As we remember what happened at Gettysburg, and as we celebrate our nation's beginning, perhaps we should pause for a moment to remember the basis of our quest for freedom. What a pity if we lose our Republic because public education brainwashed our society into thinking the Constitution supports oligarchy. It does not, even if the people do.
We are closer to “the fall of Rome” than many wish to imagine. All the circumstances that led to the destruction of ancient Rome exist today —primary among them, a corrupt legislature, and an apathetic electorate. Given the understanding among most Americans about their government, there is little reason to assume that we can long sustain the gift of our founding fathers.
One “citizen” recently told me that she supports Bloomberg’s effort to outlaw 16 oz. cokes; there are too many overweight people, too many of those suffering from Type II Diabetes, and all of them demanding the taxpayer pay for the treatment of their maladies. Since these people refuse to live a healthy life, it is the role of government to force them to do so. This citizen is college educated, but lacks this insight: a government able to limit our intake of soda is also a government that can limit our freedom to make any decision whatsoever.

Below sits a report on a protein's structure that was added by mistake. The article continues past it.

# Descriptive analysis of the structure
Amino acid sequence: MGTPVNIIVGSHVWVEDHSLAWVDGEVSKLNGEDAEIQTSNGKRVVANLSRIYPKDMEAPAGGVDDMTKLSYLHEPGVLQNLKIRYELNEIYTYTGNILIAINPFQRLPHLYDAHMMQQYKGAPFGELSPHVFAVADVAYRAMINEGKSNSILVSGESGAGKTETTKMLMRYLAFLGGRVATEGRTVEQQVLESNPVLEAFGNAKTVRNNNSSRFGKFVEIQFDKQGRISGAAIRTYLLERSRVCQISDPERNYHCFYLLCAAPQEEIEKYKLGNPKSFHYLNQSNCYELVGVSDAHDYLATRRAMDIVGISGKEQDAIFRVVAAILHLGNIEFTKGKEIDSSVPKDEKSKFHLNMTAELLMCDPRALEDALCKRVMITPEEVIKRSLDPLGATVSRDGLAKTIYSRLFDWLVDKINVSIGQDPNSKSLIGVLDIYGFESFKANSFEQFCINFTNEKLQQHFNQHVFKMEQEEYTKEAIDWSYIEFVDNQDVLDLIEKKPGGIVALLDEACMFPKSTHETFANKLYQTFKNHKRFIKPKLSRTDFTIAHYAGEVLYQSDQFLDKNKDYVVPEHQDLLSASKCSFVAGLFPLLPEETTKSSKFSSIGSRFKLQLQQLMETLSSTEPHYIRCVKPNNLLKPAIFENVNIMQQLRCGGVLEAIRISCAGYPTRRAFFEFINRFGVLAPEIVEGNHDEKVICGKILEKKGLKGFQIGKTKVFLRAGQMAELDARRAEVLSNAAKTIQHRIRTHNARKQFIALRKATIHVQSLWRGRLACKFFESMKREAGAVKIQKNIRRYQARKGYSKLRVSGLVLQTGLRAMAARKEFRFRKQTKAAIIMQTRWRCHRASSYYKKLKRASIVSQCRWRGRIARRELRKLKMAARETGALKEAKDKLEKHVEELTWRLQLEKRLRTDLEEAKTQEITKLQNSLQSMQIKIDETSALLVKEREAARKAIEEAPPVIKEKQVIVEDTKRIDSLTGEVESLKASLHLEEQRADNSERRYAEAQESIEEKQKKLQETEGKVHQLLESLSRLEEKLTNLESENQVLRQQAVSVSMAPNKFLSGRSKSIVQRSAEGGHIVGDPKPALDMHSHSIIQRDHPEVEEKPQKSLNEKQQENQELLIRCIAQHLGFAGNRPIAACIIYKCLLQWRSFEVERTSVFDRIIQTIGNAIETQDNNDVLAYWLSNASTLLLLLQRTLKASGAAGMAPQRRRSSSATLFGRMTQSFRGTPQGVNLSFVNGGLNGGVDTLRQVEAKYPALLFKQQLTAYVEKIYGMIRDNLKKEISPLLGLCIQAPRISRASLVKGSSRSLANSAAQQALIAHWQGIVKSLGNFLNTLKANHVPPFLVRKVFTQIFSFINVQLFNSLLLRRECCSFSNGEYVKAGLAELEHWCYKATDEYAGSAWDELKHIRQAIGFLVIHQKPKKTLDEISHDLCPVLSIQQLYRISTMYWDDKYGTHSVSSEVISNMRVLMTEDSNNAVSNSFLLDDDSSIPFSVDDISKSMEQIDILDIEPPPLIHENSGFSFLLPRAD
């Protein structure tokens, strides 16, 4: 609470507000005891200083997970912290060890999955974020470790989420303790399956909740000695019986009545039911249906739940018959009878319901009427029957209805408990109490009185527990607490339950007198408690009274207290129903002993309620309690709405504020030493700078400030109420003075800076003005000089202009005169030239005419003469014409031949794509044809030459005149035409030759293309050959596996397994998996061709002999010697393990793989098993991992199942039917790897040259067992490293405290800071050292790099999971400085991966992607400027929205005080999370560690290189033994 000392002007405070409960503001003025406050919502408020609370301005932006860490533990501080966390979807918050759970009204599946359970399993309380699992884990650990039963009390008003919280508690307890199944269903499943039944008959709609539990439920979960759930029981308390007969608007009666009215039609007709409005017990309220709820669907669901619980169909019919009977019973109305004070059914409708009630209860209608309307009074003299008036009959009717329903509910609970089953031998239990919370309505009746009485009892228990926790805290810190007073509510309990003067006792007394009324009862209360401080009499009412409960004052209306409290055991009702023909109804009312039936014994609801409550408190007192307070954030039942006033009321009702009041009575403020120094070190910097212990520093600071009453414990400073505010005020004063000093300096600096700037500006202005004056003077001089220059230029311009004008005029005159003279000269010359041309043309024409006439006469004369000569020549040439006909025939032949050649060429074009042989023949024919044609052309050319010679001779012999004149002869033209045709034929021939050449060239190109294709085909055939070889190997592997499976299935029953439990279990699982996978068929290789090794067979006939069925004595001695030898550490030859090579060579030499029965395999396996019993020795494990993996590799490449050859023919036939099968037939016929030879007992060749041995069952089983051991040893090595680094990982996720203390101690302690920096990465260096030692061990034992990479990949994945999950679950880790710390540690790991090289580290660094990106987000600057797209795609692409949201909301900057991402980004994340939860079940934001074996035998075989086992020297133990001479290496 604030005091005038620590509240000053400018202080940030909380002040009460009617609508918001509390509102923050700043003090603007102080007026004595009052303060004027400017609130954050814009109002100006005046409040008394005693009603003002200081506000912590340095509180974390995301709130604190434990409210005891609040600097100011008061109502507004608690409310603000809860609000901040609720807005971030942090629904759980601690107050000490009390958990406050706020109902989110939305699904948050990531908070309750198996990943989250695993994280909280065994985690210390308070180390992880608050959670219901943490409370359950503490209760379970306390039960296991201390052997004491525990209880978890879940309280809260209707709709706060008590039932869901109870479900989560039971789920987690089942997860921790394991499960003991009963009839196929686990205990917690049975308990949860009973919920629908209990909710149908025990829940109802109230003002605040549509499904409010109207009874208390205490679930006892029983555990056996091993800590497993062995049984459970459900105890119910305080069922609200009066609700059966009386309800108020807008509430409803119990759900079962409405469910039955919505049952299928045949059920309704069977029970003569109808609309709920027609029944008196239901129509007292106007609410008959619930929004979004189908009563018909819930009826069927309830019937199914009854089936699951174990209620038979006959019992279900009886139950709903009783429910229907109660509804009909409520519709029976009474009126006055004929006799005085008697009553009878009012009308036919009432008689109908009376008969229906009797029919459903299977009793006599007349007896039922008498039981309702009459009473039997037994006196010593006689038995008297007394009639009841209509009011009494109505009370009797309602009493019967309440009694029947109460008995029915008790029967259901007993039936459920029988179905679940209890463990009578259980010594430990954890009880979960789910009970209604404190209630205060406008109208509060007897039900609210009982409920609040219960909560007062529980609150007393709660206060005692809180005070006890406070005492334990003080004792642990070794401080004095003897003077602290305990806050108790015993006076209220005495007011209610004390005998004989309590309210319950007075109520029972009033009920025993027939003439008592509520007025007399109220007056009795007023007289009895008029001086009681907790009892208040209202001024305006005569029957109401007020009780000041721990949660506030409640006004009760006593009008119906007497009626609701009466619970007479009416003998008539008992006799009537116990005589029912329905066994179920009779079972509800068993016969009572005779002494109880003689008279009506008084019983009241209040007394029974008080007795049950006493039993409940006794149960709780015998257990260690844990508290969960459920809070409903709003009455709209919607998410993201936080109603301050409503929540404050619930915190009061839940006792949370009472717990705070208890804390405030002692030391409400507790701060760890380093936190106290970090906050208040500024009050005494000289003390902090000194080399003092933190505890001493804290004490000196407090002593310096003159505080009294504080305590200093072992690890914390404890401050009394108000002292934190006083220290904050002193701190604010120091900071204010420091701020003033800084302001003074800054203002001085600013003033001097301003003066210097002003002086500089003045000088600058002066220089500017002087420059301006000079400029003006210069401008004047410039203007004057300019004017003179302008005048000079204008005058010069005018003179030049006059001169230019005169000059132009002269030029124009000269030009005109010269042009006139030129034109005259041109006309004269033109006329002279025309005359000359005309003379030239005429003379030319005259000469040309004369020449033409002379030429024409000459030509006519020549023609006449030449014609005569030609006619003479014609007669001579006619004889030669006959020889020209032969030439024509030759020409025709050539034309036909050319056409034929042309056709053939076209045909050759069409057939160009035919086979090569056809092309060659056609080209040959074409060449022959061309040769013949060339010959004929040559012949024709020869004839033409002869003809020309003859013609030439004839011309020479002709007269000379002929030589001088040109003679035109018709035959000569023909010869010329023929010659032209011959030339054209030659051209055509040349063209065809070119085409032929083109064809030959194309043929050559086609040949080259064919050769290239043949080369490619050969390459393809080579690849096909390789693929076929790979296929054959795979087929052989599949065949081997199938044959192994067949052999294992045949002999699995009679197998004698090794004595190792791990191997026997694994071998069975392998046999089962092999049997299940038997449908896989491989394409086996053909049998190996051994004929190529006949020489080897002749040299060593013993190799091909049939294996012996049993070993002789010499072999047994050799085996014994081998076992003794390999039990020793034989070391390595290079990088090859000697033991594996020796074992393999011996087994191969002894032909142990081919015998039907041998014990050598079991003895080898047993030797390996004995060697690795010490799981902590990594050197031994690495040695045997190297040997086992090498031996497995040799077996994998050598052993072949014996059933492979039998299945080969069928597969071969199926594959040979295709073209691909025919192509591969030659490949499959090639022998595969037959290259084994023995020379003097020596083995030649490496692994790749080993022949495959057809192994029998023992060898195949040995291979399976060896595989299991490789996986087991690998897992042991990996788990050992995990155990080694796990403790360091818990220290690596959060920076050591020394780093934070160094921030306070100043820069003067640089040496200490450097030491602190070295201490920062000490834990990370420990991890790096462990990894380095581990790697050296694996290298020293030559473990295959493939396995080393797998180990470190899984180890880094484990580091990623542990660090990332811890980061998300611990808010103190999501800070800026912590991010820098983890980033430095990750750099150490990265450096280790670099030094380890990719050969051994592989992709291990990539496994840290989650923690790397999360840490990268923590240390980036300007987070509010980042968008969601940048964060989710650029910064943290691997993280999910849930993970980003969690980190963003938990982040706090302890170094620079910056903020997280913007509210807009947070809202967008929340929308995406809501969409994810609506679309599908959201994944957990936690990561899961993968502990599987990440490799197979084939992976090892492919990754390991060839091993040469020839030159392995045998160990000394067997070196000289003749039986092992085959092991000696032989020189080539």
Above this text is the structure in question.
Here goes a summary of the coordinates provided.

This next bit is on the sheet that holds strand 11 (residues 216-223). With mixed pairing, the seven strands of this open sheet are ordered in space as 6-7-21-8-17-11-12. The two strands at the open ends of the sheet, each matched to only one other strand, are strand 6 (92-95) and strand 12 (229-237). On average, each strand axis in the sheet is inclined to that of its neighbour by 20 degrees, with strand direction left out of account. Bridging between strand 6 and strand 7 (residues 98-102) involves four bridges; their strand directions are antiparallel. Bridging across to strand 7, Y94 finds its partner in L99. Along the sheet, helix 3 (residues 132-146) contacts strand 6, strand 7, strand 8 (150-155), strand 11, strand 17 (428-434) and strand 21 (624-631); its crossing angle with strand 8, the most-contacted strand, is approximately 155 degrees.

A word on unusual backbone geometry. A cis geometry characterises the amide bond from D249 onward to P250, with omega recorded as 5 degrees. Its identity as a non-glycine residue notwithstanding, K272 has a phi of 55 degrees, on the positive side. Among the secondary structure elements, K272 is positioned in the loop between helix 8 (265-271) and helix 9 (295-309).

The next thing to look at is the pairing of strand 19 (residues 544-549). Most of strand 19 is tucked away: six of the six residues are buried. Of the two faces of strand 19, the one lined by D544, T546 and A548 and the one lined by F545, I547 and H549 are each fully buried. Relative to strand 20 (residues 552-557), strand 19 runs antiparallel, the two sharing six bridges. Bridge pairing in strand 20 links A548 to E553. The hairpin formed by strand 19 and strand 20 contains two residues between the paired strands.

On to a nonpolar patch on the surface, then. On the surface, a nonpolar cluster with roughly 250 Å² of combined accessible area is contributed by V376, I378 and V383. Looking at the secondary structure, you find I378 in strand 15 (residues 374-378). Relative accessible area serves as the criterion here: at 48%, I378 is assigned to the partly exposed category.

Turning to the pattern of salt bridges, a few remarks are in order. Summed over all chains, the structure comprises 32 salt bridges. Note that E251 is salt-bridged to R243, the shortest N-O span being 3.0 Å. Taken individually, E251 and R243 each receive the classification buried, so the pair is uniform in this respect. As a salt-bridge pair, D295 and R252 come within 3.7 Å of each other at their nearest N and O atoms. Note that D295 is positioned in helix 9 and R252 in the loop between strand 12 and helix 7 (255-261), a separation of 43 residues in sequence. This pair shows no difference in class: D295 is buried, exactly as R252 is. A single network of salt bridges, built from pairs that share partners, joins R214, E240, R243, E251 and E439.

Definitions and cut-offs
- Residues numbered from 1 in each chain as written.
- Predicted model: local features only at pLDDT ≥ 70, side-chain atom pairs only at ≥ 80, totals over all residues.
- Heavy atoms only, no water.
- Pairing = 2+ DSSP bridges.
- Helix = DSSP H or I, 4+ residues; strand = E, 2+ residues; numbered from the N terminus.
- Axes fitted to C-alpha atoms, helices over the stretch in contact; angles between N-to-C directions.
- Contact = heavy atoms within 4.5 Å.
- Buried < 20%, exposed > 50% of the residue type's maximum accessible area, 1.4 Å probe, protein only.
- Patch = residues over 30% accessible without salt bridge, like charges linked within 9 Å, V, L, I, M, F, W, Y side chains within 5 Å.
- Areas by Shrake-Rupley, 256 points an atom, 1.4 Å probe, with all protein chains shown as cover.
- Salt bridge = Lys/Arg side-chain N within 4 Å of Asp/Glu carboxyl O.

This is the direction we are heading in America, and we must admit it is precisely what the progressive party in this country intends to see happen. The longer I observe these momentous events, the greater my understanding of Caesar’s decision to cross the Rubicon. The event had an unhappy ending, of course, but I understand how someone who loved Rome could be convinced that cutting off the head of the Republic was the only way to save it from the python of political corruption.
We are living in a very dangerous time, and I believe that if the American people do not reinstitute the Republic, the next version of the American experience will look very much like something we might observe in France, Spain, Portugal, Italy, or Greece —which is to say, “un-American.”